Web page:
Most scholars agree that the English word Maundy comes from the Latin mandatum, the first word of the phrase “Mandatum novum do vobis ut diligatis invicem sicut dilexi vos” (“A new commandment I give unto you, That ye love one another; as I have loved you”). This statement, which appears in the Gospel of John (13:34), is spoken by Jesus to explain to the Apostles the significance of his action in washing their feet.
Today, in North America and around the world, many Brethren in Christ congregations will hold a special service and set aside some time to practice the ritual of foot washing.
From the genesis of their community in the late 18th century, members of the Brethren in Christ Church considered foot-washing a sacred ordinance. As the denomination publicly declared in 1881:
Feet-washing . . . is a lesson of love of the purest type. It also teaches humility, and that we should esteem others better than ourselves. It also fosters a spirit of equality and of oneness among the children of God. It upsets and dethrones all selfish and domineering tendencies. It embraces and binds together in the inseparable bonds of love and true fellowship all the children of God.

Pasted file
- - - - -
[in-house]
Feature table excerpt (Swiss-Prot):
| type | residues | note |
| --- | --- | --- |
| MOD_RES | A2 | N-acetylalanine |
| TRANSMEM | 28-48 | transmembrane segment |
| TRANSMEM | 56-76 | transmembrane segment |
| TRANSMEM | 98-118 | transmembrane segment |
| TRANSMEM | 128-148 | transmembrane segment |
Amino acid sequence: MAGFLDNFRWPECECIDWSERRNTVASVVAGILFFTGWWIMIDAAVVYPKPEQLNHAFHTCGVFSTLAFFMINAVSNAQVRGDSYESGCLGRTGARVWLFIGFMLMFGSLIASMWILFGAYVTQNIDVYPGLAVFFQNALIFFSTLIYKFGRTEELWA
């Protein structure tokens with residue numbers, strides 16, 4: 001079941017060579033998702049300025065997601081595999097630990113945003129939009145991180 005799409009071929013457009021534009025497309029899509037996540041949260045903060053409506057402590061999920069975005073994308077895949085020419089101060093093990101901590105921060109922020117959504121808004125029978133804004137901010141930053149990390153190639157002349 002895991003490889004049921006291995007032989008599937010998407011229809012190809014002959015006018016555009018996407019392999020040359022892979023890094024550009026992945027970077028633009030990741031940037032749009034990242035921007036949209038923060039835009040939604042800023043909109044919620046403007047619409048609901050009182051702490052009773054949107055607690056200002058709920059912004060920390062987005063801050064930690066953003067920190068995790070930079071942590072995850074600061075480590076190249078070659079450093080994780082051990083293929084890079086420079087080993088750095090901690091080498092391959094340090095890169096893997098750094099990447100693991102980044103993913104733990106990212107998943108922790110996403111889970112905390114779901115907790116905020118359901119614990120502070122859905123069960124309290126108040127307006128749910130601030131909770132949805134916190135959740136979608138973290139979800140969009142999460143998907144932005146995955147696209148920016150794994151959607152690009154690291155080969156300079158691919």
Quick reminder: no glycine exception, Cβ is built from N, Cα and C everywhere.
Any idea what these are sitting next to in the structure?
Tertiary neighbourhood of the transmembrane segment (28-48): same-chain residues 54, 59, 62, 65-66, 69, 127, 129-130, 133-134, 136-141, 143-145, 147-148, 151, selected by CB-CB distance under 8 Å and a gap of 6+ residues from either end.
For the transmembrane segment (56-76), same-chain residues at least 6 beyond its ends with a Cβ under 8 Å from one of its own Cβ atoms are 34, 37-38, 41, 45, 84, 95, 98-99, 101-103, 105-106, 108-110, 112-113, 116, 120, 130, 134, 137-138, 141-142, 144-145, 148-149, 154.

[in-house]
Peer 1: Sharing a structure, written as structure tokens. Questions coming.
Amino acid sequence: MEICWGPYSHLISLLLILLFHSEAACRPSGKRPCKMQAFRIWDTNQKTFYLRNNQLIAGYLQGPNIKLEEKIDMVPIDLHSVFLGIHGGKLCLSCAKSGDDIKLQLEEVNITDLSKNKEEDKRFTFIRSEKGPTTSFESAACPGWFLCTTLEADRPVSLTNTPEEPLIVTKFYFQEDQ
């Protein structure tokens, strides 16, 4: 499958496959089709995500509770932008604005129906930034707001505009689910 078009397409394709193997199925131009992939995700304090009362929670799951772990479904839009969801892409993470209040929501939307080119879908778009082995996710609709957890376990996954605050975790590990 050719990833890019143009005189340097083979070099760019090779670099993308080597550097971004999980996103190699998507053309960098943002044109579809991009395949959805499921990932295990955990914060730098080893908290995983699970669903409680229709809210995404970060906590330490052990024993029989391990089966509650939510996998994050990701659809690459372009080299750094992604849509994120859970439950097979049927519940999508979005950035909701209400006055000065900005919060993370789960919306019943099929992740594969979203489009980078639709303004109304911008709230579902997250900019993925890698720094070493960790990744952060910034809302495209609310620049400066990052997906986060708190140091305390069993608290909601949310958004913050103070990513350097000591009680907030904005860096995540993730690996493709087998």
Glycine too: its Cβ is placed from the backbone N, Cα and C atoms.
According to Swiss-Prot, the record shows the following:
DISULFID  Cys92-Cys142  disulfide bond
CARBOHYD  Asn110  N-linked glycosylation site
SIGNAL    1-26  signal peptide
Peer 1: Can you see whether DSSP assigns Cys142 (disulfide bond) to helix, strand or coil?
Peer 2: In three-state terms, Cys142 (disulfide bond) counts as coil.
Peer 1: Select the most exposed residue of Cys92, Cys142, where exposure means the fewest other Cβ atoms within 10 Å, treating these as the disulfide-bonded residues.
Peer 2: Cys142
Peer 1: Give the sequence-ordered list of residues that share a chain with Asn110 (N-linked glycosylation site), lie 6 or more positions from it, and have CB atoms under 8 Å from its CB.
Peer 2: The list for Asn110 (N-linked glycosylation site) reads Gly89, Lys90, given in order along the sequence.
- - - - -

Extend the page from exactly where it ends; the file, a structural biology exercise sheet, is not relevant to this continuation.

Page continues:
A more contemporary expression regards feet-washing “as modeled and taught by Jesus” to be
a demonstration of love, humility, and service to one another, pointing beyond itself to a way of life. In the life of the church, the feet washing service is an occasion for reconciliation, affirmation of one another, and testimony of God’s grace.
May these words inform the acts of service committed by Brethren in Christ across North America tonight.